The lives of Joseph, Daniel and Jonah immediately come to mind when we think about God’s interaction with heathen nations. These were God’s prophets who served as a mouthpiece in heathen contexts. These found themselves in secular contexts for totally different reasons, yet each found exceptional occasions to reveal the truth of the living God. Yet, we are more amazed by circumstances in which there seemed to be no previous contact with the ways of Israel’s God. Balaam spoke the words of God without previous contact with the chosen people. In Acts, the Ethiopian eunuch was studying Isaiah, but we have no direct indication in scripture how he even received the scripture. The greeks came to Jesus because they wanted to worship him. This was not news, but rather specific fulfillments of prophecy, as we see in Isaiah 56:1-8. Yet, God had made it clear, on several different occasions (and in numerous ways) that “my name shall be great among the Gentiles…my name shall be great among the heathen.”[5]

Nevertheless, today, the tension in the story of the magi is still present with us. We are still commanded not to be unequally yoked with unbelievers and we are still called to come out of Babylon. But, does God still reveal himself in heathen contexts? Does God still use unconventional means to speak to the secular masses? Is it possible that God is at work in dark alleys and depraved environments when there are no Christians around? The magi came to Jerusalem because they saw a foreign star. They heard no sermon, nor did they attend an evangelistic meeting, but they assumed the posture of worship.  Does God still use various kinds of stars to light the path for unbelievers?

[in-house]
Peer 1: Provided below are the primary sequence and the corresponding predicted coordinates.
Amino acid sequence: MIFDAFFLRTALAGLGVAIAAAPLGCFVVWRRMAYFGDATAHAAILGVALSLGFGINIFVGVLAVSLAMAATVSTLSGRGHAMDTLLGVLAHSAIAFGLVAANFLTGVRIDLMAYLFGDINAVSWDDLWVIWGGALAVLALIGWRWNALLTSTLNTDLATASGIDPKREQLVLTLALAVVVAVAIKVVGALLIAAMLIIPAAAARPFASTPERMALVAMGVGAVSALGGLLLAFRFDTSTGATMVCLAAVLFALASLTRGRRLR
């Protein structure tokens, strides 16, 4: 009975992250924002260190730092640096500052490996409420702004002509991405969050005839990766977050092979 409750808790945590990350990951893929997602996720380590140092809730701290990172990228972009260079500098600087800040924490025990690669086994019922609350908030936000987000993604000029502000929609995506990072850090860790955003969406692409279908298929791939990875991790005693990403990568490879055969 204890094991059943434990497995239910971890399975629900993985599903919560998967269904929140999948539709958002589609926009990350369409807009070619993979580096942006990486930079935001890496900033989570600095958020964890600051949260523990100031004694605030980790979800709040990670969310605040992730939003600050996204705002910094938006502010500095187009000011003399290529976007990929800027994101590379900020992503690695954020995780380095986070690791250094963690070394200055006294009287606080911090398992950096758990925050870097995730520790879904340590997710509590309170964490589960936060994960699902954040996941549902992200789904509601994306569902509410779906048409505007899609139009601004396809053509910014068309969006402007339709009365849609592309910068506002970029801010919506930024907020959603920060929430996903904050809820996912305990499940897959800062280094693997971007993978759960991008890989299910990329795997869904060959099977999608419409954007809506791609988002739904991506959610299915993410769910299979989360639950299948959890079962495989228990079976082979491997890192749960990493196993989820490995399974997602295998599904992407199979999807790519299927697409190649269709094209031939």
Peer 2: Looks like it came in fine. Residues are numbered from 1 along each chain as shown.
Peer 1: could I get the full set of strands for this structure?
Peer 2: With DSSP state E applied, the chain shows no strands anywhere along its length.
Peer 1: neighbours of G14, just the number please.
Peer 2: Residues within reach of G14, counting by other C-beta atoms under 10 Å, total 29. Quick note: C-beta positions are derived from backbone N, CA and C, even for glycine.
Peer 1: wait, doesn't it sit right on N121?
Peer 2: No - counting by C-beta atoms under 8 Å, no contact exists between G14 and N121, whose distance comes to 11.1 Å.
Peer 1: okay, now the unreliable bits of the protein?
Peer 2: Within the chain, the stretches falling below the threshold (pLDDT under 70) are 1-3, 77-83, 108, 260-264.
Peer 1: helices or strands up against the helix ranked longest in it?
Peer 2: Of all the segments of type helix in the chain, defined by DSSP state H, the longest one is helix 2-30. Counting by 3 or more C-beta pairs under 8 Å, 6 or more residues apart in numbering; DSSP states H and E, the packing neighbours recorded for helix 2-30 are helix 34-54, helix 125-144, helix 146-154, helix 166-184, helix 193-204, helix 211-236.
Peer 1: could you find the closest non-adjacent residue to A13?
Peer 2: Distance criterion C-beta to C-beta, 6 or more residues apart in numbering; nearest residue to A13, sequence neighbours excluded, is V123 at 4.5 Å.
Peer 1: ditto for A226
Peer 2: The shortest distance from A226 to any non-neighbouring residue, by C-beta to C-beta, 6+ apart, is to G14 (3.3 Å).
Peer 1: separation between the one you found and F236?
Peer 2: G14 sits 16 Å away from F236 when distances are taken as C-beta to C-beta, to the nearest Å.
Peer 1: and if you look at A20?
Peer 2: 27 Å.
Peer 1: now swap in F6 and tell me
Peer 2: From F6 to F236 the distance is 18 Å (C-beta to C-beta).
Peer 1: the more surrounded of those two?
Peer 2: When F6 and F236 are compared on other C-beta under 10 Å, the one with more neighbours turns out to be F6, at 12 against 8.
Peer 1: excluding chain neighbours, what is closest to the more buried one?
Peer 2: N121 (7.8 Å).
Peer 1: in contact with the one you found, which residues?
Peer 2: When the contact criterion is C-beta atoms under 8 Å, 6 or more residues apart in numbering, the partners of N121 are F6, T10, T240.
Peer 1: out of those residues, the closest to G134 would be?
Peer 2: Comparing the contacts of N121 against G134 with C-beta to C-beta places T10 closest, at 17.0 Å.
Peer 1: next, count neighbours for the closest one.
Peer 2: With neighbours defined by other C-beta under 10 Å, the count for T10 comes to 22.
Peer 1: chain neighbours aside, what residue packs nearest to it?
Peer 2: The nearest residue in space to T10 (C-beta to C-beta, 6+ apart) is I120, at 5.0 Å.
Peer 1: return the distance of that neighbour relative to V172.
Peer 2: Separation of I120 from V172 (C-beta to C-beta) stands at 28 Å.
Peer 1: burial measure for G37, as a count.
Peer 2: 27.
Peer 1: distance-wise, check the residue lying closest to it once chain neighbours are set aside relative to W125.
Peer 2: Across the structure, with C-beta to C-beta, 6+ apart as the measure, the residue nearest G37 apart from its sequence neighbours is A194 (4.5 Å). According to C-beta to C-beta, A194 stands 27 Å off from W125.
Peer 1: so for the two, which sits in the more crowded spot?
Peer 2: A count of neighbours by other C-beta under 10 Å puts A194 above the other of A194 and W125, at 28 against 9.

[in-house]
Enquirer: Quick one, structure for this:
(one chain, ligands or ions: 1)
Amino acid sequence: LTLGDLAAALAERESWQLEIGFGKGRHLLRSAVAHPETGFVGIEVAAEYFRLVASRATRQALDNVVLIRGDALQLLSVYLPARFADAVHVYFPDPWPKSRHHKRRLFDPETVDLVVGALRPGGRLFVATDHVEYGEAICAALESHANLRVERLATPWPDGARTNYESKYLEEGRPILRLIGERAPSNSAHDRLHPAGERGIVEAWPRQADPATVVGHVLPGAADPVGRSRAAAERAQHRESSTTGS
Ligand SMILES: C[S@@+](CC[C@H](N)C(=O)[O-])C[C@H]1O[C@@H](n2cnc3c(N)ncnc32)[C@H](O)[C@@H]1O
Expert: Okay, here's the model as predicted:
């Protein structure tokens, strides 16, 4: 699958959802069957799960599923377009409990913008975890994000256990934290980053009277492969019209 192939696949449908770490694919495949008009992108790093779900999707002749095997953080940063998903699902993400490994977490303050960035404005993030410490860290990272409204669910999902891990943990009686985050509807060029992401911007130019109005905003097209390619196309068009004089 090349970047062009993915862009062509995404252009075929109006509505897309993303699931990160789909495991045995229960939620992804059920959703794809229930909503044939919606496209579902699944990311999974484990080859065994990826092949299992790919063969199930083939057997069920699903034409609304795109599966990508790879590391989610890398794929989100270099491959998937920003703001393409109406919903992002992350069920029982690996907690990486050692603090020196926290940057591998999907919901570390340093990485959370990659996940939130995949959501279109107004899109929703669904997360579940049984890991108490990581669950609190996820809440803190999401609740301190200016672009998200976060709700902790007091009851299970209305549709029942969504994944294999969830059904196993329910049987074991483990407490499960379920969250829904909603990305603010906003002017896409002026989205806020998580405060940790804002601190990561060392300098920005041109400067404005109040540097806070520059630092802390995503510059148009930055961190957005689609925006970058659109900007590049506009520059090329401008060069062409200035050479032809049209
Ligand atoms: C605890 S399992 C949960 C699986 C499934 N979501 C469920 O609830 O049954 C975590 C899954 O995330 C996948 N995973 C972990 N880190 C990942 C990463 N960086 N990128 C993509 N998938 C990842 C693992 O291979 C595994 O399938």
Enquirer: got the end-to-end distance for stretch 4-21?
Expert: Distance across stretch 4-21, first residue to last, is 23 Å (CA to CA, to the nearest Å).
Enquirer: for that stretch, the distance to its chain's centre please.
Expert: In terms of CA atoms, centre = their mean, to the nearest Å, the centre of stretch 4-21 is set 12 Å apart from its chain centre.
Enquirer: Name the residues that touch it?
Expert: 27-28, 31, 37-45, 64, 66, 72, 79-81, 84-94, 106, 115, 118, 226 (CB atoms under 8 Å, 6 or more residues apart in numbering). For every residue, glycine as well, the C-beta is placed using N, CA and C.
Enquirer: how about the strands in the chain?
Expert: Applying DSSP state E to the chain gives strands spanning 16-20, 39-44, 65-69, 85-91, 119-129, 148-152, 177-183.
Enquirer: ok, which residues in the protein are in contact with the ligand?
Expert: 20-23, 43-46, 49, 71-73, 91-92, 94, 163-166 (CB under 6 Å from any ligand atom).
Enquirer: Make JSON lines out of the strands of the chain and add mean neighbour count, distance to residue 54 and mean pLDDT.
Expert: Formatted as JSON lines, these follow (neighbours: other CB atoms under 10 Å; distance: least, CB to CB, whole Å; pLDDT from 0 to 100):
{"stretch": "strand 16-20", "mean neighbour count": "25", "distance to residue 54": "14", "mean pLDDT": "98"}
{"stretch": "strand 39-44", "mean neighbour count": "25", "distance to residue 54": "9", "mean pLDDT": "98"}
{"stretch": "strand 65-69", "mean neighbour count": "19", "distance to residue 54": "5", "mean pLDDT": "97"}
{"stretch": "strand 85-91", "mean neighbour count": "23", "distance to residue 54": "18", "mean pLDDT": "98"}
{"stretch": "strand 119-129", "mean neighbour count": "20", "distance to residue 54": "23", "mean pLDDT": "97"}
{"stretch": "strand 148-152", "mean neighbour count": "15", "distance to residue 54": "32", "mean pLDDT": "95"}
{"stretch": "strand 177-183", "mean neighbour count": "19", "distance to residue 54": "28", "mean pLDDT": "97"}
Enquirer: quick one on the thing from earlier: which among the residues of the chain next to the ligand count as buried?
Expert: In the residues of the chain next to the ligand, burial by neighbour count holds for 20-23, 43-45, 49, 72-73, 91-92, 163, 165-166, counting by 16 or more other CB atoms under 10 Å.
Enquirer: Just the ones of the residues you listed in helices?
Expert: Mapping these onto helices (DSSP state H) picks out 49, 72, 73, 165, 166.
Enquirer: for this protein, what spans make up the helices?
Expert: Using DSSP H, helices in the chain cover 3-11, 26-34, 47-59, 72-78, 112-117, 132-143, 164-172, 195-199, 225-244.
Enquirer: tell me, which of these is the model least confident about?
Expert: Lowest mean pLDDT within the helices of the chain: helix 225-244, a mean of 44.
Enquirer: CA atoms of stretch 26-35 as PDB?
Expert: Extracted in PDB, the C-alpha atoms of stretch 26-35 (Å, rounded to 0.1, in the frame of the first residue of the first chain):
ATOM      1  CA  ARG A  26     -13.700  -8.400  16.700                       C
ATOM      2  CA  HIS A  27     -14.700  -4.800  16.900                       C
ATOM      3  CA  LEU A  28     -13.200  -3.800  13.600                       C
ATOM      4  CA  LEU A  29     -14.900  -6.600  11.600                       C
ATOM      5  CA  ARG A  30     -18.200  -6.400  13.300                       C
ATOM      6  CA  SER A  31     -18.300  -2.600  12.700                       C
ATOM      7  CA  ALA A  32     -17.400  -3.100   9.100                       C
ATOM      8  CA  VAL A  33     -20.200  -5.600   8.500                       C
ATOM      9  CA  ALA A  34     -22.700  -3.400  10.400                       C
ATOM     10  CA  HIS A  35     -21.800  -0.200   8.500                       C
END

While speaking specifically about the secular film industry Christopher Deacy writes: “There are thus viable grounds for supposing that theological activity has the capacity to be discerned and apprehended in the so called ‘secular’ arena, and that, in the medium of film in particular, robust instances and manifestations of Christian activity may be found to be available to cinema audiences.”[6]

In Traces of the Spirit, Robin Sylvan writes:

Observers of culture and scholars of religion have said many things about the slow decline of religion and the death of God in western civilization. Yet for the millions of people…religion and God are not dead, but very much alive and well and dancing to the beat of popular music…Yet, because conventional wisdom has taught us to regard popular musics as trivial forms of secular entertainment, these religious dimensions remain hidden from view, marginalized and misunderstood.[7]

As difficult as it may seem, the magi remind us that whether it’s in the secular music industry, secular movies, skid row, a nightclub, a crack house or any other “seedy” establishment, God may choose to self-reveal for the sake of saving those who are lost. If God can speak through a donkey, then surely the gospel can be shared through any medium there is.